To the business community, he says, “We all live in Edmonton and can sit on our hands and do nothing, but if you get involved, you can make an impact. Why not get involved? Be engaged in a big way in everything you are doing. The Chamber has an excellent board, excellent committees, outstanding staff and a really strong team that keeps the organization running smoothly. The Chamber has lots of luncheons and activities, and we have the opportunity to bring in key speakers and more. It’s an excellent group to work with. [You can join and] make a difference in the community.
“The Chamber is going to be extremely relevant in the upcoming years. Alberta and Edmonton have challenges in terms of economy. Being focused, being the voice of business and taking into account the impact on the city in the provincial and national levels is important. We will be making decisions that impact the long-term view for the province. These are interesting times, to say the least.”
His commitments to work and family never hold him back from investing in the community, both on a personal and family level, and through PricewaterhouseCoopers’s charitable initiatives. He’s also been part of the Old Strathcona Youth Society for years, after being introduced to the Society through his wife and brother-in-law, who are both social workers. “It’s different from the business world and has a big impact on people that need assistance,” Merkosky says of why he enjoys working with the Society.
He’s very involved in his church and his hobbies of music and hockey – hobbies he balances around time with his family.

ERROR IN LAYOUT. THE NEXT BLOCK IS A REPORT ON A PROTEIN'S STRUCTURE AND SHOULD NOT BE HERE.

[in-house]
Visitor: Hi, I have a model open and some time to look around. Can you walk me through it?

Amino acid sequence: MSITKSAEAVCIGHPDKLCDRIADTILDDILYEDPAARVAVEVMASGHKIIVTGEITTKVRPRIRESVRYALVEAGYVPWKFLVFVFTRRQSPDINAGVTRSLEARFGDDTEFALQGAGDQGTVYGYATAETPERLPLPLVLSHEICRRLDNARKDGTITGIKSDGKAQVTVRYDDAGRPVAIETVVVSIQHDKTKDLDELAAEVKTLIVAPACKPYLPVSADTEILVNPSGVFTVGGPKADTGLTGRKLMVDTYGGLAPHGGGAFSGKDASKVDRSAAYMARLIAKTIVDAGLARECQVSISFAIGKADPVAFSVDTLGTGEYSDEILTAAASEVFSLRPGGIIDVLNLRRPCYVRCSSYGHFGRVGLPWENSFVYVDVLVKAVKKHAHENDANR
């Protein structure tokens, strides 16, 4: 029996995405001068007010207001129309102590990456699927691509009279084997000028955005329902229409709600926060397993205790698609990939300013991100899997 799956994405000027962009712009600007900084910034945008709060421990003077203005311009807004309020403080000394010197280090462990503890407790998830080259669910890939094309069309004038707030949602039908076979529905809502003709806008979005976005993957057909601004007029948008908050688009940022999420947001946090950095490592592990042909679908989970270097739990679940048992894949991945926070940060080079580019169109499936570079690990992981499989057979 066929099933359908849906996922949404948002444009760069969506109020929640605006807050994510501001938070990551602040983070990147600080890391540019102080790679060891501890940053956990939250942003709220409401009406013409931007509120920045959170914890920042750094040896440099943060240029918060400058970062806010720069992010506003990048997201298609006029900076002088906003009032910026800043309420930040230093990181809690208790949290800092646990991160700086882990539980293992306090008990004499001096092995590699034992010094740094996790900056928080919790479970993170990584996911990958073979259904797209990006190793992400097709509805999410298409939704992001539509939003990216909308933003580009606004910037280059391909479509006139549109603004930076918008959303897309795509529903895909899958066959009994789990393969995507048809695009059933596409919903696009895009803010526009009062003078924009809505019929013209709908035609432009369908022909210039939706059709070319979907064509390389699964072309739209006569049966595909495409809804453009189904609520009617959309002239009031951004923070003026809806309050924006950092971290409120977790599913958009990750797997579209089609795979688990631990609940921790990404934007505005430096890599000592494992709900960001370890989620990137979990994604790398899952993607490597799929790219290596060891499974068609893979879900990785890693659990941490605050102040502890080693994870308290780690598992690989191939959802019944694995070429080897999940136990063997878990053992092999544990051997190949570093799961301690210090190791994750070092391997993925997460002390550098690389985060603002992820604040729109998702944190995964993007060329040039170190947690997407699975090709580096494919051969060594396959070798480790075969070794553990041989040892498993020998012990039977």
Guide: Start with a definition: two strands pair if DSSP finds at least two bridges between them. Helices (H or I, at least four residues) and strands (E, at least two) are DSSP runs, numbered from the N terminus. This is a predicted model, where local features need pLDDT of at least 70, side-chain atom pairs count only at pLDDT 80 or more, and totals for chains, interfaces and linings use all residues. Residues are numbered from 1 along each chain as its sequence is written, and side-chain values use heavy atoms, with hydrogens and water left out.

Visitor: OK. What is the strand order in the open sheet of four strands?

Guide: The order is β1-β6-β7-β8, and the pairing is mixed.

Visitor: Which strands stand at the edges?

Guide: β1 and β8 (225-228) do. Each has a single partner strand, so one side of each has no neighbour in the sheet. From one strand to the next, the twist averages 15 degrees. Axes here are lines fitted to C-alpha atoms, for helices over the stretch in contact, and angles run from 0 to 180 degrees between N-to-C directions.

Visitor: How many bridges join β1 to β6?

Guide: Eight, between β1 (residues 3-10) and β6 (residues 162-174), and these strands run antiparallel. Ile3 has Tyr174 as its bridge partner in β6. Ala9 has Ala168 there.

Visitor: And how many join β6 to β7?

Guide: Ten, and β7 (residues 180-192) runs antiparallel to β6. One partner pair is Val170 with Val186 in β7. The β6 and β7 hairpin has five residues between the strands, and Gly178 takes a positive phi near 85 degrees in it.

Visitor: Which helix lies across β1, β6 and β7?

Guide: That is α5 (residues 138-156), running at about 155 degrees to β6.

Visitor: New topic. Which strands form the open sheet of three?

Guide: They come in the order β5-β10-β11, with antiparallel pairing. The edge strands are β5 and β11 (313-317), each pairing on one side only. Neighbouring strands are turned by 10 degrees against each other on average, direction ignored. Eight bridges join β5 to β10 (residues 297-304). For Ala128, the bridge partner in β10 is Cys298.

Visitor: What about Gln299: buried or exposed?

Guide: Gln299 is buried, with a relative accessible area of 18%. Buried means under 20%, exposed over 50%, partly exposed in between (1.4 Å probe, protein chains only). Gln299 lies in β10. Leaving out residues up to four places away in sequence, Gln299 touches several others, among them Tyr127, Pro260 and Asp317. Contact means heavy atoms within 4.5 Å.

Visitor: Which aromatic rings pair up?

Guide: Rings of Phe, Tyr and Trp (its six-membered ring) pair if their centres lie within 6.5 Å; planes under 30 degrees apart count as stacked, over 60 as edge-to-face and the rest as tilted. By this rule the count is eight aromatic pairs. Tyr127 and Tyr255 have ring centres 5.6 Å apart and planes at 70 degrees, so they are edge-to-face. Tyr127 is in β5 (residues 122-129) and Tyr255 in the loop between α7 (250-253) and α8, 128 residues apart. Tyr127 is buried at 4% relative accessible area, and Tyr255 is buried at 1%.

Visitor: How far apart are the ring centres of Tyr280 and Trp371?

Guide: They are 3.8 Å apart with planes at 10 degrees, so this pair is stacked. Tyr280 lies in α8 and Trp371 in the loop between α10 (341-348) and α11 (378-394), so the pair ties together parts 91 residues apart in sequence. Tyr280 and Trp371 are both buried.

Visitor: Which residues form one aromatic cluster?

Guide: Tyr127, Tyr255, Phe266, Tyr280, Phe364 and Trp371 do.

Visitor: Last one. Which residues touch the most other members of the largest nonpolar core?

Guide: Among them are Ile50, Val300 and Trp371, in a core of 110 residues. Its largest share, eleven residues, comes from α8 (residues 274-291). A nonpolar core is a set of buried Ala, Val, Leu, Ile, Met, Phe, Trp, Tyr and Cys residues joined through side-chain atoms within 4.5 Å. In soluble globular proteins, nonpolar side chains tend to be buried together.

“Chasing our five kids around is pretty much a full time job,” he admits with a smile. “The kids are in dance, hockey, band, rugby, etc. Also, as a family, we love to travel and go on camping trips.”
How does he balance it all?
“Work/life balance: that’s a tough one!” Merkosky muses. “At the end of the day, you just have to be flexible. My wife has a calendar at home. If it’s not in the calendar, it doesn’t happen. The key is being flexible and making choices as to where you spend your time. In a career in public accounting, there are some deadlines to work around. It really just comes down to being organized, flexible and knowing how to prioritize your time.”
Merkosky is extremely grateful for his wife and her role in supporting him, his career and their family.
“She looks after a lot and keeps the family running. Without her doing that, we wouldn’t survive on a day- to-day basis.” He’s not above a little mischief, though! “I have an identical twin brother and he’s in the city as well. We get into a lot of fun. He’s a good sounding board. We talk about a lot of things.”
The business and family man has a lot going on, but he doesn’t seek out recognition for his hard work. “It’s more or less, for me, just being a successful dad, being able to be a good professional for our clients and working well as the chair.”
Merkosky is more than ready for his year as Chamber Chair, and as he looks forward to making a positive impact on the city, the Chamber, the business community and the province, he speaks to the near future: “In terms of work, I look forward to just continuing on. In terms of home, our kids are going through various stages. I now have four teenagers! In terms of volunteering, I will continue to be involved in the Chamber after my tenure as chair by sitting on other boards. I will also continue to volunteer with other organizations. It’s key to be engaged in the community you are living in.”
He closes with his signature grin, “For me, it’s going to be an exciting year. I’ve got the backing of the PricewaterhouseCoopers partners, and wife and family. I’m really looking forward to it.”